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There are no reliable figures on the incidence of anorexia/bulimia eating-disorders, and the mortality figures are sketchy at best, but 20% of people suffering from anorexia will prematurely die from complications related to their eating disorder, including suicide and heart problems. (Source: The Renfrew Center Foundation for Eating Disorders, “Eating Disorders 101 Guide: A Summary of Issues, Statistics and Resources,” published September 2002, revised October 2003) Eating disorders have the highest mortality rate of any mental illness. (Source: American Journal of Psychiatry, Vol. 152 -- 7, July 1995, p. 1073-1074, Sullivan, Patrick F.)
However, estimates (for anorexia and bulimia) range from 0.4 to 1.0 percent of women in the U.S. in 1985. And some researchers believe that up to 50 percent of college women have suffered bulimia; others dispute this, arguing that most incidents of binge eating cannot be diagnosed as true bulimia. The National Association of Anorexia Nervosa and Related Disorders said in 1985 that there are millions of Anorexia Nervosa sufferers and their mortality rate is 6 percent.
ANRED President, Dr. Jean Rubel, blames the American thinness cult for the exacerbation of the anorexia nervosa problem
In 2002, an estimated 0.5 to 3.7 percent of women suffer from anorexia nervosa in their lifetime. (Source: The National Institute of Mental Health: “Eating Disorders: Facts About Eating Disorders and the Search for Solutions.” Pub No. 01-4901) Research suggests that about 1 percent of female adolescents have anorexia in 2002. (Source: Anorexia Nervosa and Related Eating Disorders, Inc. website)
According to US News Health: (Source: http://health.usnews.com/health-conditions/mental-health/eating-disorders/overview)
- Among western women between 15 and 24 years old, approximately 1 out of every 200 suffers from anorexia nervosa, while about 1 in 50 is bulimic.
- Between 10 and 50 percent of American college women report having binge eaten and then vomited to control their weight.
- Approximately 40 percent of American girls ages 9 and 10 report being or having been on a diet to lose weight.
- Some 50 to 60 percent of teenage American girls believe they are overweight, yet only 15 to 20 percent of them actually are overweight.
(Source: http://www.state.sc.us/dmh/anorexia/statistics.htm Eating Disorder Statistics)
ANRED, Inc. (Anorexia Nervosa & Related Eating Disorders) estimates up to 20 percent of women between 12 and 30 have one of the disorders (while only 5 to 10 percent of all eating-disordered persons are male). They give the mortality rate as "up to 15 percent." ANRED President, Dr. Jean Rubel, points out that these disorders were practically unknown in the 1950s and earlier, when models and movie stars were more full-figured—she blames the American thinness cult for the exacerbation of the problem. (Source: Rubel, J.B., "Anorexia Nervosa and Bulimia," ANRED Pamphlet, 1985, revised February 1986) Surveys of teenage and preteen girls confirm this, since female bodies in magazine ads, movies, and movie stars are usually skinny and/or anorexic looking, and the girls confirmed that this is where their body role models came from. (Source: Lopez-Guimera, G., Levine, M., Sanchez-carracedo, D., & J, F. ,2010. Influence of mass media on body image and eating disordered attitudes and behaviors in females: A review of effects and processes. 387-416)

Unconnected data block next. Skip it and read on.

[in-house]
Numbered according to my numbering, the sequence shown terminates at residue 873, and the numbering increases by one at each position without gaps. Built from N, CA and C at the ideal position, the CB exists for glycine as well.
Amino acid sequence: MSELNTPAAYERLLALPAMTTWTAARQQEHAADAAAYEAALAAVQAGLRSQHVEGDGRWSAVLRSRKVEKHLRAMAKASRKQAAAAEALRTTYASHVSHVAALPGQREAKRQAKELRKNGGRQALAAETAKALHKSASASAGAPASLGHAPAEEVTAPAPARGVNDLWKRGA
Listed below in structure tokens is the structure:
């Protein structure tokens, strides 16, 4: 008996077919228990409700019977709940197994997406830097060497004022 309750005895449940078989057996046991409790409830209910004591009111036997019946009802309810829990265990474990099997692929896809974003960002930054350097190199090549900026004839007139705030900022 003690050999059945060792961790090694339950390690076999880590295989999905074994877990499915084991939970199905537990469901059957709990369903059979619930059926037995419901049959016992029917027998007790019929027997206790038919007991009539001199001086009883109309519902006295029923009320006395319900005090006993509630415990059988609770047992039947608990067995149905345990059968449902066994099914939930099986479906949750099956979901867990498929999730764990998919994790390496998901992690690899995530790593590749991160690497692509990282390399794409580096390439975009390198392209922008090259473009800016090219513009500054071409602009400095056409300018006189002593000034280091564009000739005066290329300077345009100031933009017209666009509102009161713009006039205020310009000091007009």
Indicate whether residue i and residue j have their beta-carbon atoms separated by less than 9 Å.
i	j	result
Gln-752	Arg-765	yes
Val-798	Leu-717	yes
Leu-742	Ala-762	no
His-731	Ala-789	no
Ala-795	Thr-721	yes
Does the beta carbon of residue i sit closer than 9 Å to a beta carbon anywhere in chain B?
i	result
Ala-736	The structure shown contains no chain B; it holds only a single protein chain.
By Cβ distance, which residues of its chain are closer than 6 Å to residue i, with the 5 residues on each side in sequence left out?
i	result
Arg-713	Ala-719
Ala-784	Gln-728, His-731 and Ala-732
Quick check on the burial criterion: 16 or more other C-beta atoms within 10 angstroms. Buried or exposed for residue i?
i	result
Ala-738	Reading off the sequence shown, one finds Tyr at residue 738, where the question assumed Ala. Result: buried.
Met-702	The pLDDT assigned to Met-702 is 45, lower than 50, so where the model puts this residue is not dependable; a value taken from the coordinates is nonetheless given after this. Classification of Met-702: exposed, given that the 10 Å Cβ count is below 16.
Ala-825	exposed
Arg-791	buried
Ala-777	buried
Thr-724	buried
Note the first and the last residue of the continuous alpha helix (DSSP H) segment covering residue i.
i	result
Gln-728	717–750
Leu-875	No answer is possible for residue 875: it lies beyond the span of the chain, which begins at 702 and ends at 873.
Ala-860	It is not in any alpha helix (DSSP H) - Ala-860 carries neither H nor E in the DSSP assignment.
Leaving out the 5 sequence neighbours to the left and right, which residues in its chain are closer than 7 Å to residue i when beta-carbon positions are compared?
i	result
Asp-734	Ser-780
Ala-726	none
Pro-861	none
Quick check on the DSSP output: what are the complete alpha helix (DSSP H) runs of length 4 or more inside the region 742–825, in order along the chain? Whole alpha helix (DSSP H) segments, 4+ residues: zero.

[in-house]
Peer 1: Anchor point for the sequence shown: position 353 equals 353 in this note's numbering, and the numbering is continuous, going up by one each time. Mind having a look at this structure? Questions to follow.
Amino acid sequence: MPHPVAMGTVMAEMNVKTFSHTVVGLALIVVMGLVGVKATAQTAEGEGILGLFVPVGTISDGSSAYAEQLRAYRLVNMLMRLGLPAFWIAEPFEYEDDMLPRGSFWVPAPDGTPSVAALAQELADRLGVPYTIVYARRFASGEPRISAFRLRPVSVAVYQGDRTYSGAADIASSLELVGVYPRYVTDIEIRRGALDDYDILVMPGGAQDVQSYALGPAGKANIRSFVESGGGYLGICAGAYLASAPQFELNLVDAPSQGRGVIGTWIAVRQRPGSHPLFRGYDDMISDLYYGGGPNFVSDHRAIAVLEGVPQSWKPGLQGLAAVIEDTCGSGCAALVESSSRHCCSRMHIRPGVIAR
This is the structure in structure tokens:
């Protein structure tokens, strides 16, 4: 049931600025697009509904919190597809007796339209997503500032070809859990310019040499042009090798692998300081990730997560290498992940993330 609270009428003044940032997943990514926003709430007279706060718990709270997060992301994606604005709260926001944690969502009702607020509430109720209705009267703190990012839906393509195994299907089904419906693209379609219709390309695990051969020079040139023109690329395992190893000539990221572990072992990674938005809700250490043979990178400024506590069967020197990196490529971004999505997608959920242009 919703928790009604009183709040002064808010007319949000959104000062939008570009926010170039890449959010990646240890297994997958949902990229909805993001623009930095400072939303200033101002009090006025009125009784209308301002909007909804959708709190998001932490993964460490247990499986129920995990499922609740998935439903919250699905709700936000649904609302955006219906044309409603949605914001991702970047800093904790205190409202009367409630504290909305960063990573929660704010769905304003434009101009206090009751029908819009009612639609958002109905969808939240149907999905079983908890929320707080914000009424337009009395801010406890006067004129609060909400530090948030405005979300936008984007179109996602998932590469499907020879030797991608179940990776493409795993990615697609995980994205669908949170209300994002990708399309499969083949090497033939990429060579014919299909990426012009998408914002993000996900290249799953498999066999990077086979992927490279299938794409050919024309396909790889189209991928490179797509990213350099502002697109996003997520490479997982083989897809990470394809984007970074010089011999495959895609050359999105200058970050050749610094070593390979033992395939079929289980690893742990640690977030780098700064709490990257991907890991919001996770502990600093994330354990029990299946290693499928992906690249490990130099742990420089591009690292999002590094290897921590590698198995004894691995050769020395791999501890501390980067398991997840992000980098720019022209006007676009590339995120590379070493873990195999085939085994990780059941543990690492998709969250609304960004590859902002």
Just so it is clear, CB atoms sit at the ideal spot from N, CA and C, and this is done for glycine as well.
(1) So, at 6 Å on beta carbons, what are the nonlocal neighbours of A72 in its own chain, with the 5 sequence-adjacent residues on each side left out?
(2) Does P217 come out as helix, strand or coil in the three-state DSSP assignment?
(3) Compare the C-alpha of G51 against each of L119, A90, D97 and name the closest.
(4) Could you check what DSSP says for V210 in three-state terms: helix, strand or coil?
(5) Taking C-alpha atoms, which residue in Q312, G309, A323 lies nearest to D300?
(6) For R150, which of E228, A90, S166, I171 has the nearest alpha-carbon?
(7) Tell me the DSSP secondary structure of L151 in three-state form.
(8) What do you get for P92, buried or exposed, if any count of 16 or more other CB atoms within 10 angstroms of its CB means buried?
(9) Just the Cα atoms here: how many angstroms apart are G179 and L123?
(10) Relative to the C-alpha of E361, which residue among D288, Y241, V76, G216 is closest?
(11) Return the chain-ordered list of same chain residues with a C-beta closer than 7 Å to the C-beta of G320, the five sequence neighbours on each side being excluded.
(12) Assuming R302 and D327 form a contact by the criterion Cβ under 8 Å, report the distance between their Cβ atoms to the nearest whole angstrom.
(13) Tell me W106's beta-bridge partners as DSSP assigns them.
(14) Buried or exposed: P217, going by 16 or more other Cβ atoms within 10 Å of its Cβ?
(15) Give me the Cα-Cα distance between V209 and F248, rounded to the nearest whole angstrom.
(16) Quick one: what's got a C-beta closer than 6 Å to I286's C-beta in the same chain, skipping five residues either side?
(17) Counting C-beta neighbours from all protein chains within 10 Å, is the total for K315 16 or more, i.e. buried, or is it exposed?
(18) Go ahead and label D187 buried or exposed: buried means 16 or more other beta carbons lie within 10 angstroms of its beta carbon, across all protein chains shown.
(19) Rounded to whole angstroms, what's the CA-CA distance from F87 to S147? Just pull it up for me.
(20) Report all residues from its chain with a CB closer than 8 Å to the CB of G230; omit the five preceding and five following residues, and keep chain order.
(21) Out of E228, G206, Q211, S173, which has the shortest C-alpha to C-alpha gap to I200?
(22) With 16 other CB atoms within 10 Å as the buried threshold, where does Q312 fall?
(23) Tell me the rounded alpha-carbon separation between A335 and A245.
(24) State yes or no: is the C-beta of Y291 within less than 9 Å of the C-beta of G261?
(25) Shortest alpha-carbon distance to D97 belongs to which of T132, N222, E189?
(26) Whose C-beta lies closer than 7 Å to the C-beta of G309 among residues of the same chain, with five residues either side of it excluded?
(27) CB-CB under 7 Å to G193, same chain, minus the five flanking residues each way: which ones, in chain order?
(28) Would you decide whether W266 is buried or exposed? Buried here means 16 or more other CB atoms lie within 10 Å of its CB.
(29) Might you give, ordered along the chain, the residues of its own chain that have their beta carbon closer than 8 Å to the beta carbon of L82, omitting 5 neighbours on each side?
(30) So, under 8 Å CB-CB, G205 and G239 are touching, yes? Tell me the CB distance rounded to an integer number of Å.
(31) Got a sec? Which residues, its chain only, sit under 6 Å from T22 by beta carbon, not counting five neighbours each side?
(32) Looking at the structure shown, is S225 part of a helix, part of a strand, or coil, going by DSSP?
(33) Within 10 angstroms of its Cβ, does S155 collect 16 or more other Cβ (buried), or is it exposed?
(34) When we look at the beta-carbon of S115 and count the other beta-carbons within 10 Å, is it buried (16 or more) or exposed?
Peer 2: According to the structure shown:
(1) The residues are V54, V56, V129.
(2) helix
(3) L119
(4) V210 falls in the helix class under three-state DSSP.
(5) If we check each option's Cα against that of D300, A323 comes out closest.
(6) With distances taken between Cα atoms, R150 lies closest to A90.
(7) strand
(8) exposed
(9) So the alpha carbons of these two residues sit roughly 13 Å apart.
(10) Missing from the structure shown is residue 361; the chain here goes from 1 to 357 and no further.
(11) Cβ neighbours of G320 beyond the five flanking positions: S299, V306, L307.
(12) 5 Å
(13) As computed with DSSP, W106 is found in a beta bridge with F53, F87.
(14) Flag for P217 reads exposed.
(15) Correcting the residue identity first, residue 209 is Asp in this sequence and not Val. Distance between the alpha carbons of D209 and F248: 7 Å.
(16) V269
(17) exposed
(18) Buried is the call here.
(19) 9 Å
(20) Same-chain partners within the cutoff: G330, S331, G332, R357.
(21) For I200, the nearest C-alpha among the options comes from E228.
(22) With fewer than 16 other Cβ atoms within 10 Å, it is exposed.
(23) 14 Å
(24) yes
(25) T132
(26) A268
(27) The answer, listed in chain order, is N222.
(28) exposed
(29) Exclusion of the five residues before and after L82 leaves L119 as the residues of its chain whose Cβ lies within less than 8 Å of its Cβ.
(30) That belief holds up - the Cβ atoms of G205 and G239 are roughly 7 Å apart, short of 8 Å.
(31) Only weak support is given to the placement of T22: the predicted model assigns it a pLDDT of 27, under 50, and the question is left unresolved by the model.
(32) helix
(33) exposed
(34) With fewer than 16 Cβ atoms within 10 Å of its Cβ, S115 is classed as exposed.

Surveys are great marketing, sociological, and demographic research tools
Anorexia nervosa is also partly caused by the personality traits of perfectionism and obsessive compulsive tendencies
Although anorexia nervosa has many similarities with Bulimia nervosa, a critical difference between the two is that anorexia nervosa is also partly caused by the personality traits of perfectionism and obsessive compulsive tendencies. Whereas the main reason motivating people with bulimia nervosa tends to be self-perceived body image, people affected with anorexia nervosa are also driven to diet based on their desperate need to retain some control in their lives. For many, monitoring their food intake is the only control they can have. (Source: Yager and Anderson, "Anorexia Nervosa", The New England Journal of Medicine, Nov 29th, 2012)